BANGKOK: The battle is about to begin. It could turn ugly. After leading an anti-government rally for almost a month, culminating with a historic “one-million-man” gathering at Rajdamnoen Avenue gathering on Sunday, Suthep Thaugsuban has realised that winning this war won’t be easy. He had to escalate the level of civil disobedience. The strategy is to win support from the civil servants. If they agree to walk away from their posts, government machinery will come to a halt.

The protesters have marched on key ministries and government agencies in Bangkok, and city halls in the provinces, in a bid to get the civil servants on their side. Many have welcomed the protesters, willing to risk upsetting their superiors by taking sides during this time of political turmoil. Suthep hopes to hang on and garner more support from the masses, forcing a sudden change of government. But how?

Having survived the no-confidence debate, Prime Minister Yingluck Shinawatra went on national television to extend an olive branch.

She offered a truce, saying that the rally should stop and that the government is willing to hold talks with the protesters. But Suthep has vowed to fight on until the anti-government campaign achieves a clear-cut victory. The former deputy prime minister, who resigned as an MP to lead the protest, refuses to negotiate. He has vowed that neither a House dissolution nor Yingluck’s resignation will end the campaign. What he wants is for the so-called Thaksin regime to be uprooted once and for all. Only then would Thailand be able to begin a reform process to get rid of money politics and bring about a true democracy. It is not clear how the confrontation will end. There is no compromise in sight. Yingluck will fight back to hold on to power. Suthep has caught a tiger by its tail and now he can only end the rally by killing that tiger. Yingluck has the power.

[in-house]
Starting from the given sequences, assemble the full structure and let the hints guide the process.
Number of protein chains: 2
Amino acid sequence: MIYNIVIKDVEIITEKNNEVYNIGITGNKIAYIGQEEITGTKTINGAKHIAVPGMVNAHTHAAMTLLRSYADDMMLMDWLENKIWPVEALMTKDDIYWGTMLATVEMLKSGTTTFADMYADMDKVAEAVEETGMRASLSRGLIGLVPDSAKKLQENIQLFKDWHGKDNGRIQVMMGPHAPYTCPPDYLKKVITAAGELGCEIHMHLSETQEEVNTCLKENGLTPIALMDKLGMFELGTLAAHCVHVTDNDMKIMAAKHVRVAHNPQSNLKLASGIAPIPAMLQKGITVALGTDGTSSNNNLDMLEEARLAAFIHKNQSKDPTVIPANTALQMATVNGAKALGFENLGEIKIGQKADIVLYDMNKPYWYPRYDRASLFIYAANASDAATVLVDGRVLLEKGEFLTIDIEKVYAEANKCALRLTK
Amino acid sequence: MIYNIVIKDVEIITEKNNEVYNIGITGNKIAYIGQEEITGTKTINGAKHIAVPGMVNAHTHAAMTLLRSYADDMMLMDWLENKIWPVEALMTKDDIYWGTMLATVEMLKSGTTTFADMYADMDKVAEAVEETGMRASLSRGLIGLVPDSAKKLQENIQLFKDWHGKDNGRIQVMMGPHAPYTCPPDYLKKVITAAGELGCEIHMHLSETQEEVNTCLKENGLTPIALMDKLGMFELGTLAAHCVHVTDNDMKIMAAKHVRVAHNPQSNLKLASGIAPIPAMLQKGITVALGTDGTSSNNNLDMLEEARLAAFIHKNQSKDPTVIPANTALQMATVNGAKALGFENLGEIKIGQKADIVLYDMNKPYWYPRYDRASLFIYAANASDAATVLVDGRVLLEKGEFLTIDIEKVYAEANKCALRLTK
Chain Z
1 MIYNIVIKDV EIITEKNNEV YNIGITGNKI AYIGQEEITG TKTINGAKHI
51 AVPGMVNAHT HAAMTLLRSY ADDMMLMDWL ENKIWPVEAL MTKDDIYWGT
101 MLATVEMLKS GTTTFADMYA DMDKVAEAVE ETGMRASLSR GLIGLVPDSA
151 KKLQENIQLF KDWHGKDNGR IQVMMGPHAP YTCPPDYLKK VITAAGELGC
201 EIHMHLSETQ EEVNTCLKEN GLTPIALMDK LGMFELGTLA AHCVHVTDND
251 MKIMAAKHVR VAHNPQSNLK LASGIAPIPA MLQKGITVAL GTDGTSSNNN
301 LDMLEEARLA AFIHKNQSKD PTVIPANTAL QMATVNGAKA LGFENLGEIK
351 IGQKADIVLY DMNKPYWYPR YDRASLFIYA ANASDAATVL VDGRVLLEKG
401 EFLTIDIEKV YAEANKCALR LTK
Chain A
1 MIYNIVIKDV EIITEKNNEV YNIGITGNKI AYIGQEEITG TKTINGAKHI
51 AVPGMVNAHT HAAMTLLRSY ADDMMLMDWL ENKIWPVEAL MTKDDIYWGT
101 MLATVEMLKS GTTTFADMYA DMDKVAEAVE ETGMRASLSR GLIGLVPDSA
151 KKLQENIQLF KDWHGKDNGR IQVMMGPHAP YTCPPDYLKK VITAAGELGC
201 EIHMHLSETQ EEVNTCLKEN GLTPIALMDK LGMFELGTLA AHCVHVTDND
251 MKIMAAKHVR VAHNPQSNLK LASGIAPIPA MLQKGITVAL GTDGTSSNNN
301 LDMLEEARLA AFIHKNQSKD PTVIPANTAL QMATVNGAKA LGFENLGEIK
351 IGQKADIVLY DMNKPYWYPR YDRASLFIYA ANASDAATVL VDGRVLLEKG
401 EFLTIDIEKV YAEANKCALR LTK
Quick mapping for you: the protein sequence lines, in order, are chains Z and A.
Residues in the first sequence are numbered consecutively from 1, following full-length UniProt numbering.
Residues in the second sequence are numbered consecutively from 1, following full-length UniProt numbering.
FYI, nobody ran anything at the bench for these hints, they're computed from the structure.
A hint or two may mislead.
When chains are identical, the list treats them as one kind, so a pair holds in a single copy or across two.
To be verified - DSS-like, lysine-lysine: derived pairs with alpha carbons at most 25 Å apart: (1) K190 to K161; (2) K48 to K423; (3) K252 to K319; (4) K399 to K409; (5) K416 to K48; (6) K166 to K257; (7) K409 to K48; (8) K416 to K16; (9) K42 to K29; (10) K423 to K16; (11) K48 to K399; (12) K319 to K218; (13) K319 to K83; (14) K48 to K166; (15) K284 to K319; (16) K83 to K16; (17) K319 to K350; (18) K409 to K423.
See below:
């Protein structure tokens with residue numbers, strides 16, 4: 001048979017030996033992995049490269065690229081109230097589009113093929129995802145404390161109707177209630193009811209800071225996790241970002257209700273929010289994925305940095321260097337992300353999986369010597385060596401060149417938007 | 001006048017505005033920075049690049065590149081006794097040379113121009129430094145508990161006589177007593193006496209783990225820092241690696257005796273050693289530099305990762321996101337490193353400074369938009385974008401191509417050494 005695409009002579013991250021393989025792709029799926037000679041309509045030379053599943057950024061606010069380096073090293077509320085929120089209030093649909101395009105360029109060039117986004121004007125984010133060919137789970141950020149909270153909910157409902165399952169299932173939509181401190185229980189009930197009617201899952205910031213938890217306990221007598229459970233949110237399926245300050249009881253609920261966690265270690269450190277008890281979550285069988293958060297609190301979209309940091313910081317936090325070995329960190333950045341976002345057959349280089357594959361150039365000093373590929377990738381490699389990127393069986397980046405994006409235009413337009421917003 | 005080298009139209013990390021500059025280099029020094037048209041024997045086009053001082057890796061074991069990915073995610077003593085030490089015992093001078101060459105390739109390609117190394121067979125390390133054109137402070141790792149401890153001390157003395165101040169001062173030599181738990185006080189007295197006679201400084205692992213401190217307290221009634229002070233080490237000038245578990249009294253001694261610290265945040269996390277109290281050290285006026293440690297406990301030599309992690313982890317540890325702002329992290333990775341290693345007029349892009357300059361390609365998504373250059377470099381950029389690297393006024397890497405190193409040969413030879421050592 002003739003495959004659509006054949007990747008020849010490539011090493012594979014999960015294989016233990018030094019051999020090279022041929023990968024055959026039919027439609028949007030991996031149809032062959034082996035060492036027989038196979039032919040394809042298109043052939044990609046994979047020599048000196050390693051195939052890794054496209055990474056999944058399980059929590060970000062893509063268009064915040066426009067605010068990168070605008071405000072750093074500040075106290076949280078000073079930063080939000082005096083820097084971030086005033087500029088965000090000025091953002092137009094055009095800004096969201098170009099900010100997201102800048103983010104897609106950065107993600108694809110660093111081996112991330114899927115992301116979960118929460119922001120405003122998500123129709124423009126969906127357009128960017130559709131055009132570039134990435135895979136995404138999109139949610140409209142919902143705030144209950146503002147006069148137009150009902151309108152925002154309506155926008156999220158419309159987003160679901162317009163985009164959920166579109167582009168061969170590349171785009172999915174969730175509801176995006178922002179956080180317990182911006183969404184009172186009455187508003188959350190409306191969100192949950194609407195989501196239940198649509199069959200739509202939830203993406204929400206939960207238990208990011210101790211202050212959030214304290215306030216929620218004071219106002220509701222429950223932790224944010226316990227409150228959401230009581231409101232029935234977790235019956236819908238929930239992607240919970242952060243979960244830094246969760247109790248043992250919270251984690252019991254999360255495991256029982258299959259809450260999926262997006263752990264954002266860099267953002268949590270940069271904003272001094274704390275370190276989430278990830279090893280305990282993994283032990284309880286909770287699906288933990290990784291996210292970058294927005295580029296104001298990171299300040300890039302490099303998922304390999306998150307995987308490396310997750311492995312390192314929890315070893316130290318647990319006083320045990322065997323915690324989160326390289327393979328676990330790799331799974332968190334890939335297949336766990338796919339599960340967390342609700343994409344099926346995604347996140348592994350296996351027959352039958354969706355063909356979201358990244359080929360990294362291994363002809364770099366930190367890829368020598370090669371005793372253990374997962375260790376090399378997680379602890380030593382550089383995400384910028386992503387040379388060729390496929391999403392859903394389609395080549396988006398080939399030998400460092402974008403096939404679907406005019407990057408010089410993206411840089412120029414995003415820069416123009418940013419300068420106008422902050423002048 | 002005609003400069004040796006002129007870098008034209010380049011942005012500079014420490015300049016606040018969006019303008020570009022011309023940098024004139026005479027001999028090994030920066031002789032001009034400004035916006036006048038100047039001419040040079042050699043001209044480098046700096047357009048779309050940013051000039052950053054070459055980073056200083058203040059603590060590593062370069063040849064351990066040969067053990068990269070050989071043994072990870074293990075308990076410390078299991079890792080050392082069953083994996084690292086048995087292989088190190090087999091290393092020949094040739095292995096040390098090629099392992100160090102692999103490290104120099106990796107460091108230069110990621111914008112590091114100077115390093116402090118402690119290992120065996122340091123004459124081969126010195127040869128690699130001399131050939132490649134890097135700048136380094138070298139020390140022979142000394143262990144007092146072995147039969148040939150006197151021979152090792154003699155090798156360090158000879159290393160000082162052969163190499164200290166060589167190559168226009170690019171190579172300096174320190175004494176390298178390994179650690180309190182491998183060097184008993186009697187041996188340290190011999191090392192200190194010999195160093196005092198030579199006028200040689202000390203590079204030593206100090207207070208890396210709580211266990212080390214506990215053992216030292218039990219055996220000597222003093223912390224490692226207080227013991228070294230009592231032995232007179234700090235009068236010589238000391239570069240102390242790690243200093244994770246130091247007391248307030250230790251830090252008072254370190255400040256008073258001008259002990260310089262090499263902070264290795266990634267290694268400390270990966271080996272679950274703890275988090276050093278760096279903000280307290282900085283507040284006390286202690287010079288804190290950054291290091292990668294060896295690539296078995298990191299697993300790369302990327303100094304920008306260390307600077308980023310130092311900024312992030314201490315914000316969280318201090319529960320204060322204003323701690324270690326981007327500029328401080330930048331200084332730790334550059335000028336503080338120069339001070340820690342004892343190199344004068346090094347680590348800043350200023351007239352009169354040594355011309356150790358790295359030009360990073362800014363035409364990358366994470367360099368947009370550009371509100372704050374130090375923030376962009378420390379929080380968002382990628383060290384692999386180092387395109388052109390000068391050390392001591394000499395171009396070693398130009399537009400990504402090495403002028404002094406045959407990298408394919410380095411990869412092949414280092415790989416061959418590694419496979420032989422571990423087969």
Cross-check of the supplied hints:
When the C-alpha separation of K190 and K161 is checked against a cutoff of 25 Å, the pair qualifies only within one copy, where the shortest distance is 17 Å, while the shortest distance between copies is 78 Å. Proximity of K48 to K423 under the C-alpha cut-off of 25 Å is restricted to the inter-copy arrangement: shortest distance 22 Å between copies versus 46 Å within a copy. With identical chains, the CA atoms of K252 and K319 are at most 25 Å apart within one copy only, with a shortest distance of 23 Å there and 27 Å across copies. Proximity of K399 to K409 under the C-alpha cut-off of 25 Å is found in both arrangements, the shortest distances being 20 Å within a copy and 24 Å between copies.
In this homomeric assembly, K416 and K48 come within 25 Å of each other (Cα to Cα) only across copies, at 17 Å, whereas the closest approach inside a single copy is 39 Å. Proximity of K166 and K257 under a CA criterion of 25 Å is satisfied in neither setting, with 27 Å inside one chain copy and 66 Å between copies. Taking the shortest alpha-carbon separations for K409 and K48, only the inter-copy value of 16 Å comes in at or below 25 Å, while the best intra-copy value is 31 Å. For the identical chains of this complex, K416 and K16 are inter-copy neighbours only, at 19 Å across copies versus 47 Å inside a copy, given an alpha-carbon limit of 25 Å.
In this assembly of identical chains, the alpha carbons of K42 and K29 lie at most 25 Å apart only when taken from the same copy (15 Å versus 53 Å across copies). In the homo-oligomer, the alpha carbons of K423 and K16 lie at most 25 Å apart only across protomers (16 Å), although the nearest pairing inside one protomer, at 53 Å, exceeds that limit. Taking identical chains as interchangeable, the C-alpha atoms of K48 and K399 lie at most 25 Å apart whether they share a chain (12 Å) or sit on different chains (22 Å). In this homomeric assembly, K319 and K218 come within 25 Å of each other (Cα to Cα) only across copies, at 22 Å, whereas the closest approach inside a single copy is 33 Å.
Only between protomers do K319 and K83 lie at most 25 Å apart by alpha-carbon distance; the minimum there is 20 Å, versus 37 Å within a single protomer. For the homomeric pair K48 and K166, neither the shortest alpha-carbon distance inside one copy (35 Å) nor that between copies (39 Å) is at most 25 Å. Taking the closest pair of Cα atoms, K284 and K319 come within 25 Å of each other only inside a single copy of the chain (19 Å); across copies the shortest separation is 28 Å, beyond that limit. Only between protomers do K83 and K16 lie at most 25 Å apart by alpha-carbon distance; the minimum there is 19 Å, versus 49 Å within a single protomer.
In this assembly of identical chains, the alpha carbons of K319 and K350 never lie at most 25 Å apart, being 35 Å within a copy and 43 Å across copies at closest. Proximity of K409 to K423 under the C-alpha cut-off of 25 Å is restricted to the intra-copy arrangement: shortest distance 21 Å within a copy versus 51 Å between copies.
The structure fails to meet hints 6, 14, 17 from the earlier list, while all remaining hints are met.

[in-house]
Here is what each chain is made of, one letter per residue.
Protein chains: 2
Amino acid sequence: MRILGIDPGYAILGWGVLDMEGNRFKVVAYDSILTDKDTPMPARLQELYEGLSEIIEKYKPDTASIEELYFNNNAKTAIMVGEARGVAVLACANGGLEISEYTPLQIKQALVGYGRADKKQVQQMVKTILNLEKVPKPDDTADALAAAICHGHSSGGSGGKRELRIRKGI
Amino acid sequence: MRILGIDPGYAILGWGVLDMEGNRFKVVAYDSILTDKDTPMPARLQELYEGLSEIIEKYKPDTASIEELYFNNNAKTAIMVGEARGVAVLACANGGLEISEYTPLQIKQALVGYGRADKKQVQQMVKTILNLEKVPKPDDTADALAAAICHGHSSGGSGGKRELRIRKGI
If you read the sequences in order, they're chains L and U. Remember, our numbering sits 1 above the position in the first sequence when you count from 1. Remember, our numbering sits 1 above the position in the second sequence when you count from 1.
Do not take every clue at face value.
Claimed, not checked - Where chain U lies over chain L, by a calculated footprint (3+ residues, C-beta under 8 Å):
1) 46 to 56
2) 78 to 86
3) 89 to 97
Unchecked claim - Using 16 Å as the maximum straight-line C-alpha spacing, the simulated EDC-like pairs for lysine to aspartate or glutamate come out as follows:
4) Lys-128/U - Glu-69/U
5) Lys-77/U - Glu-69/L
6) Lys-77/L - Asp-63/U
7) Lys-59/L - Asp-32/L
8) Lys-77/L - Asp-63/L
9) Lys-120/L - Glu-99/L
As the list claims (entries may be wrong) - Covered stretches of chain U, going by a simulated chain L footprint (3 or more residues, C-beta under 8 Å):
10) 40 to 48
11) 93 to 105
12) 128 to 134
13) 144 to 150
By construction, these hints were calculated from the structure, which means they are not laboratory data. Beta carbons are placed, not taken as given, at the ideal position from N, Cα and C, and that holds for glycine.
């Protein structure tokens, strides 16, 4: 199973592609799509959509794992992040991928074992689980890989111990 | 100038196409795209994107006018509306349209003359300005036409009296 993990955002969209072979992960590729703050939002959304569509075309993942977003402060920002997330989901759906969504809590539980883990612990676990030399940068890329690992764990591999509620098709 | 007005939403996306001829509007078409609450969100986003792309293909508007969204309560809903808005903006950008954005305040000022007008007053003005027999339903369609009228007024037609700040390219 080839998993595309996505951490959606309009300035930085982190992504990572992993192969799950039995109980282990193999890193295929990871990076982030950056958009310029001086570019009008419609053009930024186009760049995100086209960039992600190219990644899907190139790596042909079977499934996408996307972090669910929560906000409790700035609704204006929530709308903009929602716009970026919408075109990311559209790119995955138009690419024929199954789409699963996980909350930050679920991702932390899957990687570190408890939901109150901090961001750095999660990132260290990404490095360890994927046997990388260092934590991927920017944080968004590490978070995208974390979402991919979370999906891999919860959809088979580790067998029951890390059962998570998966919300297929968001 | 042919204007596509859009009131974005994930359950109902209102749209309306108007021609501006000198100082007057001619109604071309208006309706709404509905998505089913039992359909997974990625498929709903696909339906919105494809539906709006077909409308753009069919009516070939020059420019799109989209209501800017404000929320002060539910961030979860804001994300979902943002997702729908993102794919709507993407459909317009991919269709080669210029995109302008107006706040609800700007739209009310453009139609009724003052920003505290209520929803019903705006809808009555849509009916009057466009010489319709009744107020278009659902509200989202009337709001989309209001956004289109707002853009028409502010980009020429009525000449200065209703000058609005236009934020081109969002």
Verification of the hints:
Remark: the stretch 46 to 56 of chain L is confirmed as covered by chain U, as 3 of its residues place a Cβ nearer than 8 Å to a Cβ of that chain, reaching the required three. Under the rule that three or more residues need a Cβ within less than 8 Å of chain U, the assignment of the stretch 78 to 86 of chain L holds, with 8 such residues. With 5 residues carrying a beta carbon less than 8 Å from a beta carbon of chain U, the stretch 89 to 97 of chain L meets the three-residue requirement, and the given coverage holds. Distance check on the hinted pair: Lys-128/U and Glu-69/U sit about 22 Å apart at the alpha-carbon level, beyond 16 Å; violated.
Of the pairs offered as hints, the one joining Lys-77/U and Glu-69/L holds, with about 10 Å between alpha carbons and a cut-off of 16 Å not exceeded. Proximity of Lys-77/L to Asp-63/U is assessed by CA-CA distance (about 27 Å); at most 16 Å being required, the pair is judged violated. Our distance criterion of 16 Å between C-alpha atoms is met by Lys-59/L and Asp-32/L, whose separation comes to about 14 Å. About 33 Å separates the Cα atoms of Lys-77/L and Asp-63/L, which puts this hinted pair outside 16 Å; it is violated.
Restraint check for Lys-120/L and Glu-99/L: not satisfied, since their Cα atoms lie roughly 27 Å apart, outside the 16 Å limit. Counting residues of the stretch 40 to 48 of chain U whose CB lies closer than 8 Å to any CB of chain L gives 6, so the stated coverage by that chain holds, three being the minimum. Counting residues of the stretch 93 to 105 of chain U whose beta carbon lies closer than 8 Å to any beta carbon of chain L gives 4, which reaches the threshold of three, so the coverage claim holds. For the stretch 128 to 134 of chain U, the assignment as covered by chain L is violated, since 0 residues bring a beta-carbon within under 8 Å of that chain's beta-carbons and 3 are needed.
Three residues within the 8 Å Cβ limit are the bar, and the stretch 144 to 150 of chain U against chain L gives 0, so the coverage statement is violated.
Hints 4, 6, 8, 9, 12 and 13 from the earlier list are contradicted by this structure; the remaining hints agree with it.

State machinery, particularly the formidable police force, is under her control. Suthep, meanwhile, has mass support. It is an incredible time for Thai politics. The protesters are heart-and-soul behind Suthep. They don’t consider him a politician. They are not questioning his political background. They only want to follow his leadership to oust the Yingluck government, which they firmly believe is operating under the remote control of her brother, former prime minister Thaksin Shinawatra.

On Tuesday night, as protesters roamed the compound of the Finance Ministry, Suthep was afraid of being snatched by the police. The threat of a police ambush - tear gas followed by the arrest of Suthep and other protest leaders - loomed large.

He asked the protesters to form a barricade to defend the compound. The protest-friendly social media did their work. Hearing that Suthep was in trouble, many people rushed in cars and trucks to block the access to the Finance Ministry in Soi Aree and also shut down the expressway exit. They also surrounded police gathered nearby, taking them out of the equation. Fortunately, there were no serious clashes or injuries.

However, a contentious legal dispute is looming. The Constitutional Court has ruled that more than 300 MPs and senators violated the Constitution and the law in voting for charter amendments. The government argues the court has no right to rule over Parliament’s attempt to amend the charter. If the National Anti-Corruption Commission picks up the case, MPs will automatically be ordered to halt their duties.

Going forward, the confrontation will be a mouse-and-cat game. The government has exercised restraint, allowing the protests to spread to different parts of Bangkok and throughout the country. But at a certain point, the police force might decide to take on Suthep and the protesters. It is not clear as yet as to how the military would react if the government started to crack down against the protesters. But a clash now looks inevitable.

By arrangement with The Nation/ANN

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